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“Excrement!” This from John Keating, the radical teacher played by Robin Williams in Dead Poets Society (1989). He’s maligning the fictional but damn plausible J. Evans Pritchard, Ph.D., arbiter of excellent poetry. “We’re not laying pipe,” Keating insists, “… How can you describe poetry like American Bandstand—‘Well, I like Byron – I give him a 42 – but you can’t dance to it.’”

Notwithstanding the wit of that observation, as new student associate editors like Katie Winters from Montclair State come on board at First Inkling, and more student writers approach us hopefully, manuscripts in hand, both groups wish direly to discern how our e-board determines what makes for “good” writing. They would love it if we could provide them a Great Poem Graph, a la J. Evans Pritchard, on which they could plot a poem’s perfection and importance. But even if such a framework existed in some authoritative tome somewhere, we might shout, as Keating does, “Rip!” Rip it out, boys! “Be gone, J. Evans Pritchard, Ph.D!”

On the other hand, how handy would this GPG be? It would be superfuckinghandy. At the risk of degenerating into Pritchardesque pedantry, we consider it important to refine an FI GPG, albeit one less algebraic, to stand proudly with the manifold artists and critics who understand that “good writing” indeed derives from two seemingly disparate metrics: Writing We Like, and what we might call “Quality” Writing. And either way, it’s worth trying to convey the elements at play. Take a poem. If we just dig it ’cause we dig it, that’s fine – that’s awesome, in fact – but couldn’t we (shouldn’t we) try to figure out why? Wouldn’t that pursuit help us hone our critical skills, get to know ourselves better, even learn to appreciate a broader spectrum of attributes of “good” writing, so we could “dig” more by uncovering more reasons to dig? And after we’ve accomplished that – and then surveyed how others have done that over millennia – couldn’t we search for patterns in those analyses, and come up with at least something of a stab at the empirical (post-J. Evans-approved) elements we readers and critics and artists all look for and find when we sift amid the good stuff—and miss in the shit stuff? Sure, we can. In this way, couldn’t we bridge the arenas of Stuff We Like and Good Stuff, so that we begin to like more stuff and better stuff, and block off quicker that stuff that should not get by our internal gatekeeper of quality to find a place at the dais “when it belongs in the dirt”?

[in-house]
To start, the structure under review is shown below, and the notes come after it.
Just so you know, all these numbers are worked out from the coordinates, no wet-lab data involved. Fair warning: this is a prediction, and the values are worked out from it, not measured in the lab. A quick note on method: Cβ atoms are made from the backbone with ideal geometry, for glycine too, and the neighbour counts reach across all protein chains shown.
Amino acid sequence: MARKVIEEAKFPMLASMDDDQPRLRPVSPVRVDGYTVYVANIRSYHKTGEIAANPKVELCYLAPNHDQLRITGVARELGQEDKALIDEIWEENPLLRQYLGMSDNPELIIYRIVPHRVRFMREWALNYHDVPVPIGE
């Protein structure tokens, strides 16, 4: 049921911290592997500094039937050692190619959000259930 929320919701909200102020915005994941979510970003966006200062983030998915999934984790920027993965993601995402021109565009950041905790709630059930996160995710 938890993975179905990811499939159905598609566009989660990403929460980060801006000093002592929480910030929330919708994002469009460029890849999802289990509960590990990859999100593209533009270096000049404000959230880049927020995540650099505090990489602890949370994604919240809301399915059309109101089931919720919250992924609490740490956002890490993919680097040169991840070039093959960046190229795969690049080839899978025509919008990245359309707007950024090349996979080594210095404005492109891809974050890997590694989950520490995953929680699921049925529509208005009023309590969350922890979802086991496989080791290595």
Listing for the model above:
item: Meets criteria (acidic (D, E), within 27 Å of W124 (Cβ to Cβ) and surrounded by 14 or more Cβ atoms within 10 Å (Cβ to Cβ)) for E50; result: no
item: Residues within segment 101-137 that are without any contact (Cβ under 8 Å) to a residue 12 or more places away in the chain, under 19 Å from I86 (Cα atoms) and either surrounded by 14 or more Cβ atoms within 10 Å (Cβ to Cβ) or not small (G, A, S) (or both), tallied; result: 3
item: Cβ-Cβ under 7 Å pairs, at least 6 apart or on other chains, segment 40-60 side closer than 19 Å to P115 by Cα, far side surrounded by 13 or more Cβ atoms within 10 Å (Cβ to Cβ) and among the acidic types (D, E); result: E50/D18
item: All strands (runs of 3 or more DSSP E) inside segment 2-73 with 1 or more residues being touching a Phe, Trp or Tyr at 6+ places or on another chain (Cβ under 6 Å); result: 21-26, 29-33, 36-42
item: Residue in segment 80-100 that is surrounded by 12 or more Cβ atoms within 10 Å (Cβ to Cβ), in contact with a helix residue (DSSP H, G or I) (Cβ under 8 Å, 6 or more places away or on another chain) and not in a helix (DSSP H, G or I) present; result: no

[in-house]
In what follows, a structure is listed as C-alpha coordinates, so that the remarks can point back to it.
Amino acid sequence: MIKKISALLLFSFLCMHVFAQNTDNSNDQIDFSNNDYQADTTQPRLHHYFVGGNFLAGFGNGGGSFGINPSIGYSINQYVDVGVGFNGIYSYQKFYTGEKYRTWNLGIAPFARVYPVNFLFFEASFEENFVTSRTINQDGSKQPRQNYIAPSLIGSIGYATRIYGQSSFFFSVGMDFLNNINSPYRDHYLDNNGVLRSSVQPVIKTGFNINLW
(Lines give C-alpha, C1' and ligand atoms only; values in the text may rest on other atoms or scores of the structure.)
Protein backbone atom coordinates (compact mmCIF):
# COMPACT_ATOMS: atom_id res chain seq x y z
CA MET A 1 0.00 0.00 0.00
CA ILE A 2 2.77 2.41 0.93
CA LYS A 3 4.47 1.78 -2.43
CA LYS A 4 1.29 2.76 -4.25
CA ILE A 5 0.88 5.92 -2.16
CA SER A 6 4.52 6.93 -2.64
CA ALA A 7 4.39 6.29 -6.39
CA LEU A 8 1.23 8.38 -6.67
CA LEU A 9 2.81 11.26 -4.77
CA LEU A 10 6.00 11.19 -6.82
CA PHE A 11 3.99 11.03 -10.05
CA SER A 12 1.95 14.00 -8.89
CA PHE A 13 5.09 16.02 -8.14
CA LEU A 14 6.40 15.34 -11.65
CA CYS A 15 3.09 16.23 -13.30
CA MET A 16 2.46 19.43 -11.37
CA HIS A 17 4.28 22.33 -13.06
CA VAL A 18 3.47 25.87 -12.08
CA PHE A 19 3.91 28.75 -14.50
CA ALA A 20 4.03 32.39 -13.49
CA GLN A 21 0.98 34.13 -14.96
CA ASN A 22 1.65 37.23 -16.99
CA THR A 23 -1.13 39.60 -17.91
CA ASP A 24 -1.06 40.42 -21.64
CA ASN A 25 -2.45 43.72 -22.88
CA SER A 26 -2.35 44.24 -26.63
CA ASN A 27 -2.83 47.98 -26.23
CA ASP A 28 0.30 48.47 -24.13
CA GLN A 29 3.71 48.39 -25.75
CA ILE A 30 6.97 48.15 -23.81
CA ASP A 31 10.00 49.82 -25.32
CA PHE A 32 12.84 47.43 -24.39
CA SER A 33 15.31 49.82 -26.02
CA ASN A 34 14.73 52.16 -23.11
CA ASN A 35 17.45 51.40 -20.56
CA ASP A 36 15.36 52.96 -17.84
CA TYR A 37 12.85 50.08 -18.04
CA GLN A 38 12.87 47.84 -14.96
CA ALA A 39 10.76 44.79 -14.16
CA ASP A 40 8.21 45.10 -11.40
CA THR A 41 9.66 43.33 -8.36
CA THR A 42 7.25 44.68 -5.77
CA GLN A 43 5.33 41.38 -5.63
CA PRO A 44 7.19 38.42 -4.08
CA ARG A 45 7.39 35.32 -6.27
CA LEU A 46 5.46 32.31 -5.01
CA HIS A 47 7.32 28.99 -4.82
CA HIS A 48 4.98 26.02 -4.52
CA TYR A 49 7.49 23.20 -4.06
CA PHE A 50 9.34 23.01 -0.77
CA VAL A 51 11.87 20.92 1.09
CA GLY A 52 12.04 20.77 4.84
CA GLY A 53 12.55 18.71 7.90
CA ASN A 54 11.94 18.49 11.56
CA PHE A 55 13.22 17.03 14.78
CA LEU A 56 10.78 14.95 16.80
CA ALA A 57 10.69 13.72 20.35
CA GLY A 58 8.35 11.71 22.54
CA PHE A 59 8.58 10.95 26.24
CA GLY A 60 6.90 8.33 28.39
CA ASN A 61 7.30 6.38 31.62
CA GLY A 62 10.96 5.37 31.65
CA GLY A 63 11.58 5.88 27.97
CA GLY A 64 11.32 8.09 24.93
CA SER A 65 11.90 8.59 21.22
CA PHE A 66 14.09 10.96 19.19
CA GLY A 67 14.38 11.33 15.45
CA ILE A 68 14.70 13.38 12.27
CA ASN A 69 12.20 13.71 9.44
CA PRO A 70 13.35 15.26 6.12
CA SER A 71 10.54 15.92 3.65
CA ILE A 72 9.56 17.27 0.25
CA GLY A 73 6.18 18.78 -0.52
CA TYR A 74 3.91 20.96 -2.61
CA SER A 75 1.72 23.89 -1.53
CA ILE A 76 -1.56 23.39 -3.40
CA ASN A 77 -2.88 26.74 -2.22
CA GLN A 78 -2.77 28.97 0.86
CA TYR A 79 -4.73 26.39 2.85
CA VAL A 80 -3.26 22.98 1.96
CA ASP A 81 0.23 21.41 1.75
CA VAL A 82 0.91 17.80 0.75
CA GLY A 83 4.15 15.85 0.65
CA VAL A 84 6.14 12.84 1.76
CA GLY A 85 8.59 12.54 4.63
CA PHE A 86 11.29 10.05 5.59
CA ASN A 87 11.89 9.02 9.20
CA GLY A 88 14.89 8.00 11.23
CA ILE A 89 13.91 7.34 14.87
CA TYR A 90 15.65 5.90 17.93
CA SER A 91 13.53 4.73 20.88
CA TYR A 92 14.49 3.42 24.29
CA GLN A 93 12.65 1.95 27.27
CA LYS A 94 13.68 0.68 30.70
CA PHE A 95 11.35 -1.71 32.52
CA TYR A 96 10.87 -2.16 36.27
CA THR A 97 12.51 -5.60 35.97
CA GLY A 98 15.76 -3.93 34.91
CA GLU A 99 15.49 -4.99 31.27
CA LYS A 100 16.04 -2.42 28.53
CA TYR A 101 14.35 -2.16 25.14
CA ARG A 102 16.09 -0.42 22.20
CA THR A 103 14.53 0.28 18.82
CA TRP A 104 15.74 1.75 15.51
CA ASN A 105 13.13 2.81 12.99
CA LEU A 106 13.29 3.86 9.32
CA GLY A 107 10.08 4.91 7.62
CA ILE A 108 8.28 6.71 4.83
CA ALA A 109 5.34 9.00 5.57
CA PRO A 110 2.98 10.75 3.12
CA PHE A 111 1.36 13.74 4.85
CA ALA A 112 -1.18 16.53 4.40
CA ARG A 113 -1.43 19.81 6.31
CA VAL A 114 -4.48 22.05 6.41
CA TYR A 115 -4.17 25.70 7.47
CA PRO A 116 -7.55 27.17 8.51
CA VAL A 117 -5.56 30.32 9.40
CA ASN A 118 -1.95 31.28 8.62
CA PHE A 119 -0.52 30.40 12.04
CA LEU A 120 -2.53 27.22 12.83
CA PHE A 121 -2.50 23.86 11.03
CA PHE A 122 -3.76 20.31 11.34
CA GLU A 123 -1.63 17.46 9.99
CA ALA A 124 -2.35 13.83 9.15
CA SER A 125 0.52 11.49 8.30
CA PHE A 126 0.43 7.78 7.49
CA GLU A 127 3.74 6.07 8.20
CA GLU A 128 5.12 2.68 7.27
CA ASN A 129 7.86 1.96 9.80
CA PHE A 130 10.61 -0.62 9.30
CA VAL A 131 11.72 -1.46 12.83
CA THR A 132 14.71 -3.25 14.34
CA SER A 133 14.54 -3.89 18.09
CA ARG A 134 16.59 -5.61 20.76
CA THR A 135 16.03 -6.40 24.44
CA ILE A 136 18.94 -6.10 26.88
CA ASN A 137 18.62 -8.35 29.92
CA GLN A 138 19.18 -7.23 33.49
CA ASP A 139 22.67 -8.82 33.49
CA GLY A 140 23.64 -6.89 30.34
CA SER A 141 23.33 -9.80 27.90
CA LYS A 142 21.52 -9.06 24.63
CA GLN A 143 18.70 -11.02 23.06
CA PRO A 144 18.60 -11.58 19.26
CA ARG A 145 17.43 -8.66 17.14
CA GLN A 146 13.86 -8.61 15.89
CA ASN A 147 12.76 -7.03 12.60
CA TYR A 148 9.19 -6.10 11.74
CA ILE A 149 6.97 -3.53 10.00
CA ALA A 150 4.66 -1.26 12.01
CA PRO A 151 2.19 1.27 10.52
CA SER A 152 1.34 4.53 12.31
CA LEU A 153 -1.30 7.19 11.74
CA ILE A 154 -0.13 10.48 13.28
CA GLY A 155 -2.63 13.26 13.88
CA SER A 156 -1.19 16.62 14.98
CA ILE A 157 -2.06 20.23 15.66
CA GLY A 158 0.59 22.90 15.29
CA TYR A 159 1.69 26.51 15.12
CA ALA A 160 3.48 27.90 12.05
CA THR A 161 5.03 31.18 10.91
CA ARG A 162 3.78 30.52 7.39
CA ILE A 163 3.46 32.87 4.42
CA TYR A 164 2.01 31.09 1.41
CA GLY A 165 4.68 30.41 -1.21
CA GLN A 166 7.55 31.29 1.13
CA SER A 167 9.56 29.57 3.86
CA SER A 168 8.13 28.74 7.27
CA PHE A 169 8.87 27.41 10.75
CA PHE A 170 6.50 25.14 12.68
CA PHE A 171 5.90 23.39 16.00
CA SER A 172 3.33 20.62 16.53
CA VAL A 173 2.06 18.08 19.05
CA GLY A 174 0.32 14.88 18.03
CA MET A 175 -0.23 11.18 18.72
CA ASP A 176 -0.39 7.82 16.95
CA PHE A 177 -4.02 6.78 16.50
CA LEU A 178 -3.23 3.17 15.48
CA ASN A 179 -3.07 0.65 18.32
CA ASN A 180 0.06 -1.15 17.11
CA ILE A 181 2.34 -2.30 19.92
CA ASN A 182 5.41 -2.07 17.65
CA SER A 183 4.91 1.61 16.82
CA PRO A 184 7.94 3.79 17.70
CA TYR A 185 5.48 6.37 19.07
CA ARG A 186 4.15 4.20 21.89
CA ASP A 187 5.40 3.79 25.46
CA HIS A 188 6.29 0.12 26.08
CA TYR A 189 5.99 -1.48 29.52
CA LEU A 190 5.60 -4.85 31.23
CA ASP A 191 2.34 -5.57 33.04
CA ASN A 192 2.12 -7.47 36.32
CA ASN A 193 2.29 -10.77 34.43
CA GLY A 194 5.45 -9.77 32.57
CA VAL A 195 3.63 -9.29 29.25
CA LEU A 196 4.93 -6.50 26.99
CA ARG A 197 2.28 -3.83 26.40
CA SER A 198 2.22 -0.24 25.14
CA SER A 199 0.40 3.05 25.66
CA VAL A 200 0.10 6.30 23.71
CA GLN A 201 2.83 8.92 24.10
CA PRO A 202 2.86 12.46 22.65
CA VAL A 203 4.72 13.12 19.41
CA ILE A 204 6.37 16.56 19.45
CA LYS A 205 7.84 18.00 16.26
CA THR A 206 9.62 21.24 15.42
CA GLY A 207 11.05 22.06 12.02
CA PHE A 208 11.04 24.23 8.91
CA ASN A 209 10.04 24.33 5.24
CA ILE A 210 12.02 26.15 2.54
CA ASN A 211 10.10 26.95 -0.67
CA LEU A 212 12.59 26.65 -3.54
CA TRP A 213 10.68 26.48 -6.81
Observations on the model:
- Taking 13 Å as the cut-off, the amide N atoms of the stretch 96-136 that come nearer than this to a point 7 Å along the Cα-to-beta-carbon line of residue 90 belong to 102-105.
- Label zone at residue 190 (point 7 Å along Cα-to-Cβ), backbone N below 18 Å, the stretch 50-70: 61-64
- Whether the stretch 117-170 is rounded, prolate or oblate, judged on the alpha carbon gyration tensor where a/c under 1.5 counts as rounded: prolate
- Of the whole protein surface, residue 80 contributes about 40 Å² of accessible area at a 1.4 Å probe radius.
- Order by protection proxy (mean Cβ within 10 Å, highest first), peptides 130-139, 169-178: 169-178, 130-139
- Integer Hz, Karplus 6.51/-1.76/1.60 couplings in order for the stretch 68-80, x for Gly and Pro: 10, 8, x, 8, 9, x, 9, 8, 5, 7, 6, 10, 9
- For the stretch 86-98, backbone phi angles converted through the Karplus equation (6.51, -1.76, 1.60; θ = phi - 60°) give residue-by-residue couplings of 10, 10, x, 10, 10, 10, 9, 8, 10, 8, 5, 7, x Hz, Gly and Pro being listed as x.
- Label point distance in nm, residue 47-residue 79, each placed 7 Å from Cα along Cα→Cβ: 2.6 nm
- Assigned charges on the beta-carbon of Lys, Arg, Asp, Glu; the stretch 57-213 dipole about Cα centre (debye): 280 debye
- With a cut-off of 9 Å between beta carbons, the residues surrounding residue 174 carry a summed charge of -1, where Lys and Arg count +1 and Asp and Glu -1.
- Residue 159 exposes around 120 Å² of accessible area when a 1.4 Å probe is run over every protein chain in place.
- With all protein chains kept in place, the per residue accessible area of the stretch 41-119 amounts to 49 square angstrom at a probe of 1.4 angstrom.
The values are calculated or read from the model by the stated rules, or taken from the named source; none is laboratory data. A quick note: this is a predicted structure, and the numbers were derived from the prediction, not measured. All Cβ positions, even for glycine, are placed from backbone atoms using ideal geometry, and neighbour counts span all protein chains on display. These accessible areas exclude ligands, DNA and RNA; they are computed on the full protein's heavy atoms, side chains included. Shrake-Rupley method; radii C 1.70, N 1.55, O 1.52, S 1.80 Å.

In a previous blog post, “They Can’t All Be Gems,” I set forth some parameters for what we at FI slaver over. The writing we seek and publish (and pay for) sings to us of Novelty, Quality, Maturity, Subtlety, and Ingenuity. I wrote, “Watch this space” for more—and here it is:

Recollection/Reflection. We can tell from the work that the writer has moved through the world not so much as quotidian participant but singular observer. He has not truly experienced what others might call his “real life,” because he lives in his artist’s mind, where all the time some paramount quest and calling requires him to re-render alchemically an ostensibly ineffable world with the raw material of 26 squiggles in search of meaning. “Life” becomes real to him only once he processes it into art. The advent of that art – his stories and poems – atones for our lack of such inward vision, and provides us reflections of our archetypal, existential quandaries and anguish (along with some suggestions of concord, truth, and purpose). This is what Wordsworth, in his 1800 Preface to Lyrical Ballads, was talking about when he wrote, “ … all good poetry is the spontaneous overflow of powerful feelings” that are “recollected in tranquility.” Read: re-collected into new being—not merely “experienced” then aborted or spilled onanistically.